Directory of U.S. Military Rockets and Missiles|
Appendix 1: Early Missiles and Drones
|Copyright © 2002-2007 Andreas Parsch|
In the early 1950s, Fairchild studied the concept of a ground-launched long-range decoy missile to simulate B-36, B-47, B-52 and B-58 strategic bombers on radar. The U.S. Air Force awarded study contracts under project MX-2223 in July 1954 to Fairchild and Convair (see SM-74). Convair's design was not further developed, but in December 1955, the USAF awarded Fairchild a follow-on contract to develop the SM-73 Bull Goose decoy missile as part of Weapons System 123A (the MX-2223 project designator seems to have been retained for some time, too). The WS-123A requirement called for a missile with a range of at least 7400 km (4000 nm) at Mach 0.85. Because of the subsonic performance, simulation of the B-58 was not required. The first flight of an XSM-73 prototype occurred in June 1957.
The XSM-73 was a delta-wing design of primarily non-metallic construction, using e.g. a fiberglass-resin bonded wing. It was powered by a Fairchild J83 turbojet, and used a solid-propellant rocket booster for take-off. The Bull Goose had a range of 8850 km (5500 miles) at a speed of Mach 0.85. The missile had an autopilot with an integrating-rate gyro for directional control, and the required accuracy was +/- 185 km (115 miles) at a range of 7400 km (4600 miles). The SM-73 was to carry a payload of radar reflectors and active electronic simulation and ECM equipment.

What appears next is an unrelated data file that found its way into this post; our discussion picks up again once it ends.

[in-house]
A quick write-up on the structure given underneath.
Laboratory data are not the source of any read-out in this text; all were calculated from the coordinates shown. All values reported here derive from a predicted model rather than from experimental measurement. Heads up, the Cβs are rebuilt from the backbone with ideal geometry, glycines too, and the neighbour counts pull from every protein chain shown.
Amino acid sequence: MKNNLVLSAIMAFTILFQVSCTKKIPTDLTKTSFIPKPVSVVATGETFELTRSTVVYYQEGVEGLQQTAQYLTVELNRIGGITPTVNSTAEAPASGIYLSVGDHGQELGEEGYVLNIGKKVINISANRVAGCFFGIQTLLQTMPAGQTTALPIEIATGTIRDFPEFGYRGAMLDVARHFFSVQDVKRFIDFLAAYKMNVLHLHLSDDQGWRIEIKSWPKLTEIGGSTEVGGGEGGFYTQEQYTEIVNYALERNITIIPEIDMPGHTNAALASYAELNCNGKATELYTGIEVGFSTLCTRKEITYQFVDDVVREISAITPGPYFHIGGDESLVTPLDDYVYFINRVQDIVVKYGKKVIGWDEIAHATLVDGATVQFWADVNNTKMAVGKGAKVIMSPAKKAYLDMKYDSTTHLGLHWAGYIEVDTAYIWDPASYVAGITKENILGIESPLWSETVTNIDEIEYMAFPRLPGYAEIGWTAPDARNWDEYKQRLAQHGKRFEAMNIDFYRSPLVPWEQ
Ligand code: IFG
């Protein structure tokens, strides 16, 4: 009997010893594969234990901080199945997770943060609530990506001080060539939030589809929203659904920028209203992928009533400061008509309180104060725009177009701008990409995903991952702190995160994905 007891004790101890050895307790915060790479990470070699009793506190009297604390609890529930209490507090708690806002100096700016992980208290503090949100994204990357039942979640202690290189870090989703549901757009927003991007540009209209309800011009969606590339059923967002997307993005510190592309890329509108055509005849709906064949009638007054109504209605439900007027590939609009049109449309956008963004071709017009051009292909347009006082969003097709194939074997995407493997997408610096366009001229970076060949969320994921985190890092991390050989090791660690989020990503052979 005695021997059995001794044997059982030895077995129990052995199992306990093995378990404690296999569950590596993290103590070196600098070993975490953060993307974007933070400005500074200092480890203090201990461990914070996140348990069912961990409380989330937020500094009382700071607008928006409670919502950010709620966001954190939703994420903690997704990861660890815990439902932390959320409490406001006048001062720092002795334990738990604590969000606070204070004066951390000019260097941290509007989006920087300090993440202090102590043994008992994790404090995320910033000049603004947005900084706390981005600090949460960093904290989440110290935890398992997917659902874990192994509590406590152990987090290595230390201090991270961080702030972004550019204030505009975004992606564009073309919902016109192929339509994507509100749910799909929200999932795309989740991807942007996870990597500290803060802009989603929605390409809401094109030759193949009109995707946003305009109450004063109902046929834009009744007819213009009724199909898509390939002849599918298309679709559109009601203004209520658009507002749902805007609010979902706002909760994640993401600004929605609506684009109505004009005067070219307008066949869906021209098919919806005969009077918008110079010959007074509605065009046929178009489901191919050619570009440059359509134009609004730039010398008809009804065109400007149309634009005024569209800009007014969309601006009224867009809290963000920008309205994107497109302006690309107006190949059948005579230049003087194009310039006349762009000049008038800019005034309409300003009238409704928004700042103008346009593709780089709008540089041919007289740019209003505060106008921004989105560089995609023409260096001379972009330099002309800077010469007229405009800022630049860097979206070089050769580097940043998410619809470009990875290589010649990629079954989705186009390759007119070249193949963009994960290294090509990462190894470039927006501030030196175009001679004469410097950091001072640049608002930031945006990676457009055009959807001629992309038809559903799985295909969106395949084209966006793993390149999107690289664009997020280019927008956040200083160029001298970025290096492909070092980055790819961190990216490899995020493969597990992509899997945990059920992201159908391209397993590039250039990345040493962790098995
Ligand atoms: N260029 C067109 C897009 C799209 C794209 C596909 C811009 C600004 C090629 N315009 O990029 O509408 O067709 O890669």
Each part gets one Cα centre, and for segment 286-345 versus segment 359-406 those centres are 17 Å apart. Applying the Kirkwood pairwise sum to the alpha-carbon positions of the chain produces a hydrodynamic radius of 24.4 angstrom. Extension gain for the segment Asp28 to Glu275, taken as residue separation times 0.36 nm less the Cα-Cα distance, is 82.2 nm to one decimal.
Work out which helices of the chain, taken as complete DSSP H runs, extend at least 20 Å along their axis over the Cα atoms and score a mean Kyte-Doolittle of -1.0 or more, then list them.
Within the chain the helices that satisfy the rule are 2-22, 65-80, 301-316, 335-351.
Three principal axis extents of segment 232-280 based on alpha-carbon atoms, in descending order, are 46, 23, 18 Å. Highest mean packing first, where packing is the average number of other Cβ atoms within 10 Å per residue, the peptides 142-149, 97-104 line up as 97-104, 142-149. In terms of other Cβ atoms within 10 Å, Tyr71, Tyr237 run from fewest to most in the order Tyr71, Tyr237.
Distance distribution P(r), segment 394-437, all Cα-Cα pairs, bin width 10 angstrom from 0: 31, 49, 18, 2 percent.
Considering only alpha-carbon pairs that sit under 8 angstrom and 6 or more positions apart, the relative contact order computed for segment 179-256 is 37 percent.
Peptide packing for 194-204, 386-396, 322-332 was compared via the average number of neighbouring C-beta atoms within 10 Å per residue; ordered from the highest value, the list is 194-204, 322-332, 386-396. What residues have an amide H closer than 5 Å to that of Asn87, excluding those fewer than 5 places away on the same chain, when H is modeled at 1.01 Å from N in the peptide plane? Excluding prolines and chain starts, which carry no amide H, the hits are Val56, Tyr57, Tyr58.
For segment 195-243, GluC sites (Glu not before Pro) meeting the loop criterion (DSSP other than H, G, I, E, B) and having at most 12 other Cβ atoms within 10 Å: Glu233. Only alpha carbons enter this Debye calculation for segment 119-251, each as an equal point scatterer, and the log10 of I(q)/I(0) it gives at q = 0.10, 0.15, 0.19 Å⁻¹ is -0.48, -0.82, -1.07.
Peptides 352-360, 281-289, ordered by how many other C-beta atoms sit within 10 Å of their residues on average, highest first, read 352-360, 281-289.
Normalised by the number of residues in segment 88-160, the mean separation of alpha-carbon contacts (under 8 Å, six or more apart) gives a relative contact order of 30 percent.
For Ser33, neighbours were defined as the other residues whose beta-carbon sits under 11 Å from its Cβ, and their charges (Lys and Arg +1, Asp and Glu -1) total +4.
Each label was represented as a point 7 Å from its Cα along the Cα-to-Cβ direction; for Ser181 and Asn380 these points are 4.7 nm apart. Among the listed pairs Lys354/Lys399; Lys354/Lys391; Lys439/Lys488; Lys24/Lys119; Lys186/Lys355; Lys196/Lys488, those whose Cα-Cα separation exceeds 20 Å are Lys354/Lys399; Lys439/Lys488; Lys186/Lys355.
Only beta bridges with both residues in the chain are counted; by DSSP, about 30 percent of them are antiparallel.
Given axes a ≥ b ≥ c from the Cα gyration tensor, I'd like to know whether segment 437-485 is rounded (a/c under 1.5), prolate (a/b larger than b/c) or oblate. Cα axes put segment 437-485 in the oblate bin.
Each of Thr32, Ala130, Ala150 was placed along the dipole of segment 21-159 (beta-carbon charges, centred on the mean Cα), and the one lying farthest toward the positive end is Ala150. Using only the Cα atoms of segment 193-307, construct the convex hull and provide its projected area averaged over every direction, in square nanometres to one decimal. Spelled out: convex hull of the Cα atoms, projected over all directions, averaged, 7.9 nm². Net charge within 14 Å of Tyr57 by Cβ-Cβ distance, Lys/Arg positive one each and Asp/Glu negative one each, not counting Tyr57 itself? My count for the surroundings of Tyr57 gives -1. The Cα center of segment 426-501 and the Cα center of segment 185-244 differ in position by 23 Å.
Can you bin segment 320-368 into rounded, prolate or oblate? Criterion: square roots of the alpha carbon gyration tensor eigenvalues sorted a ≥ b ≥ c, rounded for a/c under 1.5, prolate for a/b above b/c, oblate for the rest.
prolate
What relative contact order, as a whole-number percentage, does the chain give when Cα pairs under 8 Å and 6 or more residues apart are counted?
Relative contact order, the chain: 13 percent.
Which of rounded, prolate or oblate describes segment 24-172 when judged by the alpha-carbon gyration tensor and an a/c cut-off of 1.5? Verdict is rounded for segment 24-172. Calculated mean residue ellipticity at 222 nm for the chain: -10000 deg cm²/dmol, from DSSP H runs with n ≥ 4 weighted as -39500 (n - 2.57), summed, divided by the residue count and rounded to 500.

The Bull Goose flight test program during 1957/58 was plagued by troubles, including problems with the booster, the turbojet and the composite-structure wing, funding difficulties, and the inability of the XSM-73 to realistically simulate the B-52 on radar. The USAF had at one time planned to procure more than 2300 SM-73 Goose (the "Bull" prefix was officially dropped in May 1958) missiles until 1963, but in December 1958, the whole program was cancelled.
Note: Data given by several sources show slight variations. Figures given below may therefore be inaccurate!
Data for XSM-73:
|Length||10.21 m (33 ft 6 in)|
|Wingspan||7.44 m (24 ft 5 in)|
|Height||2.16 m (7 ft 1 in)|
|Weight (w/o booster)||3490 kg (7700 lb)|
|Ceiling||15200 m (50000 ft)|
|Range||8850 km (5500 miles)|
|Propulsion||Fairchild YJ83-R-3 turbojet; 10.9 kN (2450 lb)|
Booster: Thiokol solid-propellant rocket; 222 kN (50000 lb) for 3 s
 Bill Gunston: "The Illustrated Encyclopedia of Rockets and Missiles", Salamander Books Ltd, 1979
 Kenneth P.Werrell: "The Evolution of the Cruise Missile", Air University Press, 1985
 Dennis R. Jenkins: "Magnesium Overcast: The Story of the Convair B-36", Specialty Press, 2001
Back to Directory of U.S. Military Rockets and Missiles, Appendix 1